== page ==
An Alexandrite of Russian origin sets world auction record for an Alexandrite at Christie's Geneva May 14,2014 Magnificent Jewels sale

  • Thanks Mike for your update, and Joan for your sharp observation and gemlite for your subsequent confirmation. It's indeed puzzling how the central 5.40-carat, catseye alexandrite in the first image appears purple the usual color under incandescent light, while the smaller stones in the alexandrite surround appears green, the usual color when exposed to daylight.


    One possible explanation for this apparent contradiction, is selective illumination. While the central catseye alexandrite has been selectively exposed to incandescent illumination using a point source, which can be controlled and directed to a desired area, causing the purple color, the stones of the alexandrite surround had been left out of this selective illumination, still exposed to normal daylight and hence remaining green.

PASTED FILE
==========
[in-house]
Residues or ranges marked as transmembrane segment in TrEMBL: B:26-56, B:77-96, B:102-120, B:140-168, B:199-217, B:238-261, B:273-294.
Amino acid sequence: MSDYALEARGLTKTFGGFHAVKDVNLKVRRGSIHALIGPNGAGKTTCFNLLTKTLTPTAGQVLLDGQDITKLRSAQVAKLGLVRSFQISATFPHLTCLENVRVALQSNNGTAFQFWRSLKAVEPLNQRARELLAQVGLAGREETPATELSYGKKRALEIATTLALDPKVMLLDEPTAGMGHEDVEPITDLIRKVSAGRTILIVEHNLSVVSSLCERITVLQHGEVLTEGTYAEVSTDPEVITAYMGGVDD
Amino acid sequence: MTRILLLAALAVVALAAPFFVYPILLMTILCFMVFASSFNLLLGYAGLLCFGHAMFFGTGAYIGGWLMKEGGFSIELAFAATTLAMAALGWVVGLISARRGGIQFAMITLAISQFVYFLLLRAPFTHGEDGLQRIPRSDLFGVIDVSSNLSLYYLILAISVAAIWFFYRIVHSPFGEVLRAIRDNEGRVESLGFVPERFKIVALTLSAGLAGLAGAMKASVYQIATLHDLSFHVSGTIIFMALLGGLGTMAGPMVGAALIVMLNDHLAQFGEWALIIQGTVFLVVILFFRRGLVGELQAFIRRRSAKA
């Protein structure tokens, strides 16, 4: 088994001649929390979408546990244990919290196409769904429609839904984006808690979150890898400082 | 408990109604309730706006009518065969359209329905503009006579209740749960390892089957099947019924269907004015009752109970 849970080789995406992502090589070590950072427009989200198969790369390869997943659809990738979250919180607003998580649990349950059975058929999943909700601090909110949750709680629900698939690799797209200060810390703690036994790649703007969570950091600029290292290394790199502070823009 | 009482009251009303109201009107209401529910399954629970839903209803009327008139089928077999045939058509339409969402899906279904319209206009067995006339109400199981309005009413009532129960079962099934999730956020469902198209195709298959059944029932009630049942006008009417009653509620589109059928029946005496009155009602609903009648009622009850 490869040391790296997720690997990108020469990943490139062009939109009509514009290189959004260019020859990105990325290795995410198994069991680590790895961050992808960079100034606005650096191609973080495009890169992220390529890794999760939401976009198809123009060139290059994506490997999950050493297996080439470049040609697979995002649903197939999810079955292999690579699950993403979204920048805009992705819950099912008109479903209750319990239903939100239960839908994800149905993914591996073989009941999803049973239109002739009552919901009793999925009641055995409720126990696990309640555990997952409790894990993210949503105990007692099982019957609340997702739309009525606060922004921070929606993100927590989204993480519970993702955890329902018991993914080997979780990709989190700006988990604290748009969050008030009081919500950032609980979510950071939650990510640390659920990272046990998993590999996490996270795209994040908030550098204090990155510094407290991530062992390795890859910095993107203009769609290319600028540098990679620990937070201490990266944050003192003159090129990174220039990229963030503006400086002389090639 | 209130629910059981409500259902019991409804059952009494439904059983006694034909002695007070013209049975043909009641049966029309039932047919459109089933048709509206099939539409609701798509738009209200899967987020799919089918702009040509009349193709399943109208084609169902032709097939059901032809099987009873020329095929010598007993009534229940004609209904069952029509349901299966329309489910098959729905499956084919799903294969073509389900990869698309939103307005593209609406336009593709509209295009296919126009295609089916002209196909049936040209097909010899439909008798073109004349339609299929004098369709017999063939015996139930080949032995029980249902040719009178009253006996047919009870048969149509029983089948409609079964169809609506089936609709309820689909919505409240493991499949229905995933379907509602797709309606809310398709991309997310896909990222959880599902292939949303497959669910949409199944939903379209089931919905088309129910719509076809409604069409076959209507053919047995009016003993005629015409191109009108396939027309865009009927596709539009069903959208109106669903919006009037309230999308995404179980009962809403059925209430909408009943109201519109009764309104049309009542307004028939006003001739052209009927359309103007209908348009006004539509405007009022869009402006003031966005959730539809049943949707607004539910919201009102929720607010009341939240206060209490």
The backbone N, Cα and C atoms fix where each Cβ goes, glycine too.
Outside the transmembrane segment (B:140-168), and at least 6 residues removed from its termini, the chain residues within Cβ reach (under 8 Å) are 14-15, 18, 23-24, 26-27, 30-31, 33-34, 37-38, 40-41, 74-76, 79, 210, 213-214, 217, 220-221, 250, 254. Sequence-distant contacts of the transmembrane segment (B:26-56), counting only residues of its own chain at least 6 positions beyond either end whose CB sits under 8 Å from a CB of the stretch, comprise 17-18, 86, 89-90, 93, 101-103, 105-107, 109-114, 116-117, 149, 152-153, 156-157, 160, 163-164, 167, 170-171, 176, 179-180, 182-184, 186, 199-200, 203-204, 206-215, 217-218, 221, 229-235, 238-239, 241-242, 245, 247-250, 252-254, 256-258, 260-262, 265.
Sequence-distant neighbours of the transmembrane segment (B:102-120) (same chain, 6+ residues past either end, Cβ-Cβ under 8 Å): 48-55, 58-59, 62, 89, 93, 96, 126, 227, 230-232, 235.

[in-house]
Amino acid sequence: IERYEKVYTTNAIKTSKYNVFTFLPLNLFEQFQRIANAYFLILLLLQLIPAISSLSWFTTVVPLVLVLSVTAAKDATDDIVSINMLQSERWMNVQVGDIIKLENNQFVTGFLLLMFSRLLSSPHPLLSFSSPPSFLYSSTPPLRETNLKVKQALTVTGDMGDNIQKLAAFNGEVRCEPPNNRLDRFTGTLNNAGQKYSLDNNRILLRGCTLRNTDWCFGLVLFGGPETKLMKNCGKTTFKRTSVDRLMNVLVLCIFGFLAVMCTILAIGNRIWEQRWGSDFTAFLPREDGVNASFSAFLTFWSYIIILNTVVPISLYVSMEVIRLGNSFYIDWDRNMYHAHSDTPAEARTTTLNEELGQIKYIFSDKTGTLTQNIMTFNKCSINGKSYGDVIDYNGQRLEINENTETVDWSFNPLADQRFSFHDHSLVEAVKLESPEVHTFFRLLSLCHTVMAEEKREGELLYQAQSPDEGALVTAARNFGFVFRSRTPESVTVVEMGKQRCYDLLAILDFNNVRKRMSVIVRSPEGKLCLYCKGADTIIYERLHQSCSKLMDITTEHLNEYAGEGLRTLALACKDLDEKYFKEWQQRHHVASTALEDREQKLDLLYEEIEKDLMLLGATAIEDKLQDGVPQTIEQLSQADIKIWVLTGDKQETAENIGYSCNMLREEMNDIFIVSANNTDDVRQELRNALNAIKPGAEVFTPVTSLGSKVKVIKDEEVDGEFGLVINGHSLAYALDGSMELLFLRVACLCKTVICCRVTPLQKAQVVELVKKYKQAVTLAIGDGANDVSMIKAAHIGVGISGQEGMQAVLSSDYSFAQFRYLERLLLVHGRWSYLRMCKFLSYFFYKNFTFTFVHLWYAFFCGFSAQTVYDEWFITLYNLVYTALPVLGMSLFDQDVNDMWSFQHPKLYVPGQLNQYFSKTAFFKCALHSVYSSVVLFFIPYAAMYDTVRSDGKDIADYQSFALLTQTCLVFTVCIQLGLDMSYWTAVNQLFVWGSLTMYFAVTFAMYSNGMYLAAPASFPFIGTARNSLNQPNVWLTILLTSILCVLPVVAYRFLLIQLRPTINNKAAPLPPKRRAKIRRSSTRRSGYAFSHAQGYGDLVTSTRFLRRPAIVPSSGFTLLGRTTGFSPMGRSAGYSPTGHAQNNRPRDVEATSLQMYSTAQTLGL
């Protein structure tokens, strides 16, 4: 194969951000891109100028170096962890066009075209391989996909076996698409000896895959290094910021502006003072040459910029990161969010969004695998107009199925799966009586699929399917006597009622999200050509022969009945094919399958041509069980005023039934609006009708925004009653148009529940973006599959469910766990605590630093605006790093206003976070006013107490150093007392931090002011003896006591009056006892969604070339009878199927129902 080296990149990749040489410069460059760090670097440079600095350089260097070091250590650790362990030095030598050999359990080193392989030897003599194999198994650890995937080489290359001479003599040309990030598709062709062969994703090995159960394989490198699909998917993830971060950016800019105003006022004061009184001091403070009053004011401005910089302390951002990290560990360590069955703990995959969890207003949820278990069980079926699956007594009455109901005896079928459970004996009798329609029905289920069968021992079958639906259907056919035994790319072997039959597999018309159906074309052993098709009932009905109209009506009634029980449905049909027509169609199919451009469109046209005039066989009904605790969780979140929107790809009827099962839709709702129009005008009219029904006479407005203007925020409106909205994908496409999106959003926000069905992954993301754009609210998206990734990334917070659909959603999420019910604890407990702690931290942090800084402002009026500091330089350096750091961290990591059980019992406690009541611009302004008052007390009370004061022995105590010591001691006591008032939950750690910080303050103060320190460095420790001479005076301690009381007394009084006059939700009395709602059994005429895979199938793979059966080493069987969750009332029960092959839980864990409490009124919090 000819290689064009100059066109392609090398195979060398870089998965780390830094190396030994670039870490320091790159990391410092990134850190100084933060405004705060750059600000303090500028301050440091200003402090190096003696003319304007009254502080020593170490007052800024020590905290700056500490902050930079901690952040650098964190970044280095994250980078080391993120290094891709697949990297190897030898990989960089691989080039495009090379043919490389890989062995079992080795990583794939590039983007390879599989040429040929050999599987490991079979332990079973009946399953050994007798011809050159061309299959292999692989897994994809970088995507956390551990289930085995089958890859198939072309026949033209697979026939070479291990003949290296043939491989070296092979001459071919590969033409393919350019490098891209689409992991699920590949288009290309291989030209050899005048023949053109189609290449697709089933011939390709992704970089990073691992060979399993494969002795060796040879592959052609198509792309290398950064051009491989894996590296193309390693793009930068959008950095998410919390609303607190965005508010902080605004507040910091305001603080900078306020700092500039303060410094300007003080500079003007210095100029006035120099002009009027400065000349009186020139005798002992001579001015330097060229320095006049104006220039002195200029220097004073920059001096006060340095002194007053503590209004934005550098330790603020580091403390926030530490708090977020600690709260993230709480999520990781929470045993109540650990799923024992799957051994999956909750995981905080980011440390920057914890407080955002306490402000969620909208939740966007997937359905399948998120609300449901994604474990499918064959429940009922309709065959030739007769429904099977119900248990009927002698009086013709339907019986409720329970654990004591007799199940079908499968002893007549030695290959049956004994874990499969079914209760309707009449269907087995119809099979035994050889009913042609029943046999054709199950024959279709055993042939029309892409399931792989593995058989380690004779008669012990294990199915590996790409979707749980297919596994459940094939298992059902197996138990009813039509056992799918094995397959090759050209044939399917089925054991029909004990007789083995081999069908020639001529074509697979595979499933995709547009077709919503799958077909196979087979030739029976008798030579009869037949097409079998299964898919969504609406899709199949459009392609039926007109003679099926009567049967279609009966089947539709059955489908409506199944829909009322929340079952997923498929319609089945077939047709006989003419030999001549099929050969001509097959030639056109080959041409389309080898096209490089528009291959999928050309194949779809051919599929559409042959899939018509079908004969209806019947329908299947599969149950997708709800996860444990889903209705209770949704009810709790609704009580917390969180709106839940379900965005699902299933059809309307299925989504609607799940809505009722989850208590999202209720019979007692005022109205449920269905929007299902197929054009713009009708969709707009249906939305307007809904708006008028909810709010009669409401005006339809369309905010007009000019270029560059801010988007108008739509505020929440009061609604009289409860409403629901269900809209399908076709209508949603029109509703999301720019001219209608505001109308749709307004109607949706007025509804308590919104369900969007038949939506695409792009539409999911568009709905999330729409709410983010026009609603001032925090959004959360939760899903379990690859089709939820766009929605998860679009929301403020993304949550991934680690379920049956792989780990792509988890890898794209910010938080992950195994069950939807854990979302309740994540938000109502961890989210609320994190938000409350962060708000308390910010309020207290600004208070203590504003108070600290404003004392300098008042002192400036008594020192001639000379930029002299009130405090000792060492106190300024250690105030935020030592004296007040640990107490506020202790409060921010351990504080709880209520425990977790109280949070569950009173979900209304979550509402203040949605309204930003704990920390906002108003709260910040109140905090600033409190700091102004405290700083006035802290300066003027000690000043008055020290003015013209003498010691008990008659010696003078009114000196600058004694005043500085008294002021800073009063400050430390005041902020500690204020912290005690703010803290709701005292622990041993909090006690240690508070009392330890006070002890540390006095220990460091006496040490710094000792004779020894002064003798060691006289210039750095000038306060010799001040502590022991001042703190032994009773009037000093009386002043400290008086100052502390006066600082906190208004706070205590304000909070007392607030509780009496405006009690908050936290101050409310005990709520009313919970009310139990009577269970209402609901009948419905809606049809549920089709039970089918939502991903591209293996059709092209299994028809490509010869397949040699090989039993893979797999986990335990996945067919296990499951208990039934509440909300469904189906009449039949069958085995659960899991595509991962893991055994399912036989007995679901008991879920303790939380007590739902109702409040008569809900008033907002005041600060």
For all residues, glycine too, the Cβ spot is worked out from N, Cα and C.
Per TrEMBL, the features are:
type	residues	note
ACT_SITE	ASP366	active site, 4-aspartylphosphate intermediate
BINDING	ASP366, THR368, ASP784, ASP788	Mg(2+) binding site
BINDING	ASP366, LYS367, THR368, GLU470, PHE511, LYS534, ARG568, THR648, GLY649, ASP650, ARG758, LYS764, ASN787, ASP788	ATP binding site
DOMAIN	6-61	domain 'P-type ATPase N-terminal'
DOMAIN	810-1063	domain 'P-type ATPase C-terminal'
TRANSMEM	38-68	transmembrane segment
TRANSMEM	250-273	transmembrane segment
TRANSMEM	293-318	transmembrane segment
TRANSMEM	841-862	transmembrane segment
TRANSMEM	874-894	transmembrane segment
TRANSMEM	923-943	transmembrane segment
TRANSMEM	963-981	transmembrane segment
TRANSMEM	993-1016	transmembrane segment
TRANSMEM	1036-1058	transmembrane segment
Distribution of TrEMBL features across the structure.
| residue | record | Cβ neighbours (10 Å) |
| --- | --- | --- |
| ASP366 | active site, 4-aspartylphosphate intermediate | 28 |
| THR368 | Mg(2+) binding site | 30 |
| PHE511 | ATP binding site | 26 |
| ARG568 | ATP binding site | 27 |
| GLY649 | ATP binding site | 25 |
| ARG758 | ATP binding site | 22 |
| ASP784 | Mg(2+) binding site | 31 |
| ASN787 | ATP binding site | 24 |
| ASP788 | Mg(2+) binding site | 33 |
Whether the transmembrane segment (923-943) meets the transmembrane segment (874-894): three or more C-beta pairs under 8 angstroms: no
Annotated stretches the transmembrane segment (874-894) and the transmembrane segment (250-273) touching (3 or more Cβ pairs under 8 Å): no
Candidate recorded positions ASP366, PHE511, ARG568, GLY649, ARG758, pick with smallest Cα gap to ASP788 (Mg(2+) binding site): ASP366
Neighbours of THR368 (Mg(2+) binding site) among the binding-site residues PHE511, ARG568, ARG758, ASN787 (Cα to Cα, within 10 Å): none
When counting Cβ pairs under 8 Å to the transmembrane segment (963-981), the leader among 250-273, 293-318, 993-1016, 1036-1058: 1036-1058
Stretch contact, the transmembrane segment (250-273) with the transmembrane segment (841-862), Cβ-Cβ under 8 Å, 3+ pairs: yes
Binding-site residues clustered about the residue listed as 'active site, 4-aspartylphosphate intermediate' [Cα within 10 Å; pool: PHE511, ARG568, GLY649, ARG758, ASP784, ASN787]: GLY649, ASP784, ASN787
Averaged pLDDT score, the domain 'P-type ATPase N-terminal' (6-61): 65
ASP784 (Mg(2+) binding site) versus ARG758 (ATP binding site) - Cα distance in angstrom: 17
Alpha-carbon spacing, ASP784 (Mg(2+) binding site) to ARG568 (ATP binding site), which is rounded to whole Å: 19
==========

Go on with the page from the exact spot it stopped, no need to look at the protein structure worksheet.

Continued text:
The other explanation, which is highly unlikely, is that the alexandrite surround is actually made up of a different kind of green colored stone, which is not alexandrite, and hence do not become purple on exposure to incandescent light.

  • An image of an exceptional Sri Lanka alexandrite in incandescent light, taken by International Colored stone Association photographer Bart Curren, appears in several websites. The perfect cabochon-cut of this alexandrite, combined with the brownish-purple color in incandescent light and the very sharp and distinct chatoyancy is indeed a very rare spectacle. I am uploading an image of this extremely rare catseye alexandrite for the benefit of our members.

  • The image under daylight of ICA's Sri Lanka catseye alexandrite in incandescent light, is unfortunately not available for comparison. However, two images of a 15-carat, stunning catseye alexandrite, one in daylight and the other in incandescent light, appearing in a web article titled "Russian Alexandrite by Peter Bancroft" in Pala International's website, http://www.palagems.com/alexandrite_russia.htm would hopefully compensate for this shortcoming.


    Another stunning catseye alexandrite from the website gem2000.com with the URL http://gem2000.com/news/2011/0…buy-in-fine-alexandrites/ also has a distinct color change from dark green in daylight to dark purple in incandescent light and a prominent chatoyancy with a sharp catseye effect.